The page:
How I Became a Writer
Since university I have carried around the belief that I couldn’t write. I recall enrolling in an English course with my good friend Craig Babstock, who later became a sports journalist. Perhaps the act of comparing myself to him solidified my belief that I couldn’t write. I found myself trying to write like Craig rather than myself. Obviously, this was impossible, and so I just barely passed the course.
As my career progressed, I avoided writing like someone would avoid the plague. Whenever I was forced to write, I always told the person reviewing my writing that I was hopeless at writing. I also said that “I write like I speak” as an excuse for my obvious lack of command of the English language.
So why and how did a person who firmly believed he couldn’t write become a writer?
How did a person who firmly believed he couldn’t write become a writer? @chrisspurvey
Back in my mid-twenties I read a great book titled The Greatest Networker in the World by John Milton Fogg. In the book Mr. Fogg presented a narrative that helps the reader believe that he or she can be an effective relationship builder. At the time I read that book, I was looking to change my inner beliefs about what I was capable of, and the book hit me at the perfect time. I remember devouring the book while I waited in line for the roller coasters at Busch Gardens in Tampa, Florida. I credit that book with helping me create a vision for my future that involves value-based, mutually beneficial relationships. The words in Mr. Fogg’s book changed me! From that point forward, I have been an avid reader and have seen firsthand the power of the written word.
I believe that there is meaning to all of our stories and that our stories and individual experiences have amazing potential to help the world to become a better place.
When I sit back and think about my life’s progression, I can see that one of the key decisions I made was to move into the sales profession. Through the trials and tribulations of selling, I learned who I am and how I can help others. I decided to write about these experiences and the personal growth that I achieved from them. For the first time, I was writing as me. That is when things began to change.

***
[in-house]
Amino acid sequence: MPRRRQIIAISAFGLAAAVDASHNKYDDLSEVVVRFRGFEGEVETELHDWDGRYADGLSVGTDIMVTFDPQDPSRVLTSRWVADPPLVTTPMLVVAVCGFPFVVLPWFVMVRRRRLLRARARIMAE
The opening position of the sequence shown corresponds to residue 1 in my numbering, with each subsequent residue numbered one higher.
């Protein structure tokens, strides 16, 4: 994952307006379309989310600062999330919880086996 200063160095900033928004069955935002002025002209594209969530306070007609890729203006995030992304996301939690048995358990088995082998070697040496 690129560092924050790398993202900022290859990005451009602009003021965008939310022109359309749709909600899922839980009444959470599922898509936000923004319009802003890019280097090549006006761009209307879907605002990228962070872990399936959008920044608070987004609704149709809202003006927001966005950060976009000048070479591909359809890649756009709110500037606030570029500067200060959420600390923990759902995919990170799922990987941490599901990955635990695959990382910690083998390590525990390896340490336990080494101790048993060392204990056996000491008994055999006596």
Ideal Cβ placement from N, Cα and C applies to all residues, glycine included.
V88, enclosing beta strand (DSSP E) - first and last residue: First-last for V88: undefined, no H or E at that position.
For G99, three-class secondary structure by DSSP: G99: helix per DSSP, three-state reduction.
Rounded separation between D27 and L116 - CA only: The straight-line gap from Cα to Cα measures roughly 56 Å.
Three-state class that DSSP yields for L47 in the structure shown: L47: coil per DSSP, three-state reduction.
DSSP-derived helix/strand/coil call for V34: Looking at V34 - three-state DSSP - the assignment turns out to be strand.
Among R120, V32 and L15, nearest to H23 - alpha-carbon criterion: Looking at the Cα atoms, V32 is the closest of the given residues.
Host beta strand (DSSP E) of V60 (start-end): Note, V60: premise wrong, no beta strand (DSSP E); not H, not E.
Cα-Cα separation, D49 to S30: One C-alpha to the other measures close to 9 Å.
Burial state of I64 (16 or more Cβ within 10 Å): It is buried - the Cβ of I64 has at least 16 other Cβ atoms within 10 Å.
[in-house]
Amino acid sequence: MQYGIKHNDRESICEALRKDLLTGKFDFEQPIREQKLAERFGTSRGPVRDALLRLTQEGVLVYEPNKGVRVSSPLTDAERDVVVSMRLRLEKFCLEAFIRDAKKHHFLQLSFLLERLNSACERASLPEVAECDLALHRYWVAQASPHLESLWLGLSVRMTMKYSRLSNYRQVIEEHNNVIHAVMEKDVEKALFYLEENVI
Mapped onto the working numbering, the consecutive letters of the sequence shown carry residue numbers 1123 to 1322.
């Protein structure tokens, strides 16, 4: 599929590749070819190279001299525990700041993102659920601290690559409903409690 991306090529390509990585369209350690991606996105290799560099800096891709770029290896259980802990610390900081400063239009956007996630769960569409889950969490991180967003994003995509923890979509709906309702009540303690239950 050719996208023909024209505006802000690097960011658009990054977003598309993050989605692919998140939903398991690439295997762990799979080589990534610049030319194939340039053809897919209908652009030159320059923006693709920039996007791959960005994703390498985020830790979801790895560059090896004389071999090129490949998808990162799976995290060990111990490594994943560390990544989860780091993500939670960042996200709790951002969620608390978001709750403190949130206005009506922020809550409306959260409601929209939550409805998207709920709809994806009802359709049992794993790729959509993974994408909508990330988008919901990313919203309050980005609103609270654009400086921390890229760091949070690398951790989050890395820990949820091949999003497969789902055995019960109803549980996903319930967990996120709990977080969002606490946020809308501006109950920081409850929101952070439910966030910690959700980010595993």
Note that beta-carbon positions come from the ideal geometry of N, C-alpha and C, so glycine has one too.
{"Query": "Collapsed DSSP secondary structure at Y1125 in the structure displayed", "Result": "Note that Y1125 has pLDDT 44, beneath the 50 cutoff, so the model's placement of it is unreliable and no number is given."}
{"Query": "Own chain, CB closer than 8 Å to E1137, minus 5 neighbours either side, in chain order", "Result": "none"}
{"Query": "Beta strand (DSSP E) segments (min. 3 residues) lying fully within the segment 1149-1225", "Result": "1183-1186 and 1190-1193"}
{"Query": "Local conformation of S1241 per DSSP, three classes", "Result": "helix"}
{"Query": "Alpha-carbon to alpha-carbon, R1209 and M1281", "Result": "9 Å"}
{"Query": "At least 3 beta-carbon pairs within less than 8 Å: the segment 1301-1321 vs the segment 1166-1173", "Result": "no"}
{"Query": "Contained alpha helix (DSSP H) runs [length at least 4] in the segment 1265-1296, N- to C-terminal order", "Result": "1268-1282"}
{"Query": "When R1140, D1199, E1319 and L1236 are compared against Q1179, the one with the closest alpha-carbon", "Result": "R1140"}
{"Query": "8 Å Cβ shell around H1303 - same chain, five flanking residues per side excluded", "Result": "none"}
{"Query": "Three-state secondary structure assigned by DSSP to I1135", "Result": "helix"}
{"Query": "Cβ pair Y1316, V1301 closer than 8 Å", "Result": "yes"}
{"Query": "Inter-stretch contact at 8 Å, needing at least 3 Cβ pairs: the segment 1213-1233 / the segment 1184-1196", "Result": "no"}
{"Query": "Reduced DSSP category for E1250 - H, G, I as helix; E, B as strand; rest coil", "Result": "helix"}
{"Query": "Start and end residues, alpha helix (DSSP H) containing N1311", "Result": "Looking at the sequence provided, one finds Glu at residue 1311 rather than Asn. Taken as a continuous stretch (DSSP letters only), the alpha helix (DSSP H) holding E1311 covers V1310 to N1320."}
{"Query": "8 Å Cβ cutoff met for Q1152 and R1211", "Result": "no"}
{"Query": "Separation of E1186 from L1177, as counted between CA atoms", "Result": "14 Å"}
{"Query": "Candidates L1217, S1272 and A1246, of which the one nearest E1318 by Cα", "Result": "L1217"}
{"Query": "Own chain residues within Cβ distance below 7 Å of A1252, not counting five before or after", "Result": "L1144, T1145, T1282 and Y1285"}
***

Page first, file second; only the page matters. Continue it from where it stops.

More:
At first I ignored the fact that grammar and punctuation do not come easily to me. I just hit publish and closed my eyes. I had decided that, to get the energy to do the thing, I just had to do the thing. Later, as I became more serious and decided to write a book, I enlisted the help of a copy editor who cleans things up for me. My focus is on the message, and my copy editor handles the grammar and punctuation. I find this approach incredibly freeing.
Here are a few things that I have done to become a writer:
1) Write every day
Some days I write 100 words, and some days I write 1,000 words. Some days the words flow, and other days they don’t. Regardless, I remain committed to the process of writing every day. For me, the best time to write is at 5:30 a.m. It is a part of my morning routine.
2) Connect and communicate with other writers
I have found LinkedIn to be particularly useful in this regard. I have connected with numerous people who enjoy the process of putting their words out there across a diverse set of subject matters. Interacting with them has become a very rewarding part of my life. I’m inspired by their work.
3) Commit to reading
Many of my ideas for blog posts have come from reading. When I read, my mind reflects on how the reading material pertains to my past experiences and how it might apply to my future.
4) Pick an audience
As my posts are becoming more widely read, I am having more and more interactions with people who are interested in the subjects I write about. Hidden within each interaction is a topic I can write about. When I write, I keep that person in my mind and do my best to ensure that the post speaks to him or her.
5) Look for small things
Life is indeed short, and it is important that we take time each day to reflect on what made the day special. Most days those special moments are small in the grand scheme of things. However, each day we are learning—whether we realize it or not—and our learnings also contain lessons for other people.
For me, writing is simply the act of recording my life experiences and reflecting on them with the hope that other people will read them and use them for their own benefit. If you have found this post beneficial in some small way, I welcome you to comment below.
ABOUT CHRIS SPURVEY
I write books and help entrepreneurs and sales professionals feel and act more confident as they sell their product or service. I am the best-selling author of It's Time to Sell: Cultivating the Sales Mind-Set. Each week, I send out a newsletter with free tips on sales and personal branding.
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